The factory Yamaha rider said: “We have been lucky. The bad luck we had in Holland happened to Dani, because without the problem of the lights he would not have crashed and he would have fought for the victory with me. If Hector didn’t push him out then maybe he could have caught me because my pace was not so good and I don’t know why. I had problems with the front and on the third lap I almost crashed. I closed the front and was lucky that the bike stayed up.”

With a 38-point advantage and only five races remaining, Lorenzo is firmly in the driving seat though he said he would take nothing for granted.

He added: “Things can happen and change very easily. Sometimes it doesn’t depend on you or whether you make a mistake. Sometimes it can be down to somebody else who can touch you and take you out of the race or you can break an engine. We must try to take the minimum risks in the next races but also go fast because we can’t be out of the podium.”

Ben Spies was happy just to finish the race at Misano. Placing fifth was an added bonus.
Ben Spies hadn’t seen a checkered flag since the previous Italian round at Mugello in July before taking fifth at Misano.

Ben Spies Relieved with Top Five 

Ben Spies was relieved to make a return to the top five in his 2012 MotoGP campaign after a tough race in Misano.

The Texan saw the checkered flag for the first time since the Italian Grand Prix at Mugello in early July where he took 11th behind Bautista.

In Misano, Spies battled front-end grip issues throughout the 27-lap encounter to claim only his fourth top-five finish of a disappointing second season on Yamaha’s official factory squad.

Spies, who signed with the Pramac Ducati squad for 2013, said: “I struggled a bit with front tire grip and once I realized that my first goal was just to finish the race. Everything was good with the bike and I just wanted to get a result. I saw Cal (Crutchlow) having issues with the front tire and he crashed, so once I got comfortable and made it through more of the race than I have for a long time I started pushing, but it was a little too late. The bike definitely had podium potential but I’m not going to lie, the first thing for me was to finish the race. It wasn’t a great result but with the luck I’ve had and the way things have gone, I showed I had some good speed at the end. I’ve got no regrets. I wanted to come back to the garage in one piece and start building up from what has happened recently.”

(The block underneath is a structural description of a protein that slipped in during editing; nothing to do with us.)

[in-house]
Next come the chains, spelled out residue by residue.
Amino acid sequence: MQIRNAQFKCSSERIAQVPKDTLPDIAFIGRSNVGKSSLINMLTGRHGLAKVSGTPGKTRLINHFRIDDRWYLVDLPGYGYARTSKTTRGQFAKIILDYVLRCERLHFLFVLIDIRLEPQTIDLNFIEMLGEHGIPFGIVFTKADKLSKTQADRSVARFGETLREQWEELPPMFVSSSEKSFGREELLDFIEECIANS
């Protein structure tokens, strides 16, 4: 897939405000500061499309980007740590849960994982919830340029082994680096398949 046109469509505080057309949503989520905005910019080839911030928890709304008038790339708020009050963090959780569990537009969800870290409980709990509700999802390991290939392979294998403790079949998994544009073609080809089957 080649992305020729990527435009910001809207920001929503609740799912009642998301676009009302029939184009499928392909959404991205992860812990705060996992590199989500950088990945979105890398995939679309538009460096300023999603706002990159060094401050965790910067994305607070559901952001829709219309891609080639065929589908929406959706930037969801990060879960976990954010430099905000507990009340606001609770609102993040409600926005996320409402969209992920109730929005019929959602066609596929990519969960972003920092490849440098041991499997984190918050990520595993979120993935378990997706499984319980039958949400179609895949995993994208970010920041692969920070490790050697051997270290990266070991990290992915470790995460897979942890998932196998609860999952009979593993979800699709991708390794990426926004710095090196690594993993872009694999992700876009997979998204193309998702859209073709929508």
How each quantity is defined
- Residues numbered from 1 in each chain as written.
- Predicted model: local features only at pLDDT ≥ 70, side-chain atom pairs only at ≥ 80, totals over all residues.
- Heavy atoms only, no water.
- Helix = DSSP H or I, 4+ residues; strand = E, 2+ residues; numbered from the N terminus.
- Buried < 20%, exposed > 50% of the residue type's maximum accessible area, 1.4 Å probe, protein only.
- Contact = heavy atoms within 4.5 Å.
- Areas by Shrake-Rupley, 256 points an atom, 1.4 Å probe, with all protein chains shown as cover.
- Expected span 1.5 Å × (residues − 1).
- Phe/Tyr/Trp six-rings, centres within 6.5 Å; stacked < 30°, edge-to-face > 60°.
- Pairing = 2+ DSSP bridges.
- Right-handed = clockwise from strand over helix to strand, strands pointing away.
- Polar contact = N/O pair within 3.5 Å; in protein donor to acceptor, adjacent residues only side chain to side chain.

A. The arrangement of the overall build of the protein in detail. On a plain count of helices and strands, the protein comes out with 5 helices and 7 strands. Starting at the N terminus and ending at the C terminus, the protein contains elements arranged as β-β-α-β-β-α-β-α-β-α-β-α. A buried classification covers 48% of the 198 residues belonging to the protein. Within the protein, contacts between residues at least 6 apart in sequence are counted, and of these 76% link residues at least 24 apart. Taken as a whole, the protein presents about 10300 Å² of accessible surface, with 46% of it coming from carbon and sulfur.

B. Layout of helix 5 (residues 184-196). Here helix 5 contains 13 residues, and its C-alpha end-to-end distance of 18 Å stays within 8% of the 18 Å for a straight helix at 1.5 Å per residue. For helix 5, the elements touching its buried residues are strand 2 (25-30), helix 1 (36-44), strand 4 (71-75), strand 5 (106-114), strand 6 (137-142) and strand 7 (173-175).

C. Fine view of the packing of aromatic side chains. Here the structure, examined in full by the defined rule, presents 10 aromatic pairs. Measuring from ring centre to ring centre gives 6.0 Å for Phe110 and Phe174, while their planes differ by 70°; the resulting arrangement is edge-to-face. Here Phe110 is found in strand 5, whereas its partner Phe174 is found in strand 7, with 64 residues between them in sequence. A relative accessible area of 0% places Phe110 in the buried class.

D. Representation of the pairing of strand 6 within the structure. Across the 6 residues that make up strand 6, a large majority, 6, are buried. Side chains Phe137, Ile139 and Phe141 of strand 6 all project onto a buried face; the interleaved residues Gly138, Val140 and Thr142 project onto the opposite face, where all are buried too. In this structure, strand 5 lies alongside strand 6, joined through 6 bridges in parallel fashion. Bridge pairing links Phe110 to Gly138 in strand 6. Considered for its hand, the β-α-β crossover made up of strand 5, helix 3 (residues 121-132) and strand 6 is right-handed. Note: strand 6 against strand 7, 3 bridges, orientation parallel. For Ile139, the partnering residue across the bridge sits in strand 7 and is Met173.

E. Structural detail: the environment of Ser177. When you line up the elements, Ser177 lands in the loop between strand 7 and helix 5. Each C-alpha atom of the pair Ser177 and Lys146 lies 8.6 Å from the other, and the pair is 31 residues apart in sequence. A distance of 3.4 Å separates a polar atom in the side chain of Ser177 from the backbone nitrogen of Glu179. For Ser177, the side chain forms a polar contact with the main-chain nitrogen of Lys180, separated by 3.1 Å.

Spies was obviously more cautious with the front grip available than others after he had crashed at Turn 1 in qualifying and then saw British rider Crutchlow fall in identical circumstances on Lap 5 of the race.

He added: “When the front tire is new it has a lot of grip but when it goes, it goes and that is sort of what happened in qualifying with my crash. And I think that’s what happened to Cal in the race. The feeling wasn’t correct and he was pushing pretty hard and lost the front. I was having some issues at that point and when Cal lost the front I thought some others might have the same feeling, so I wanted to stay calm and manage the race. Towards the end, when I understood the feeling of the tire, I knew I could push without crashing and in the last few laps I could feel the front and I caught up to the group. By the time I got to (Andrea) Dovizioso, though, I had used too much of the rear tire. It almost worked out. I had the pace to get to the podium but the smartest thing to do was just to get some confidence back with a good result.”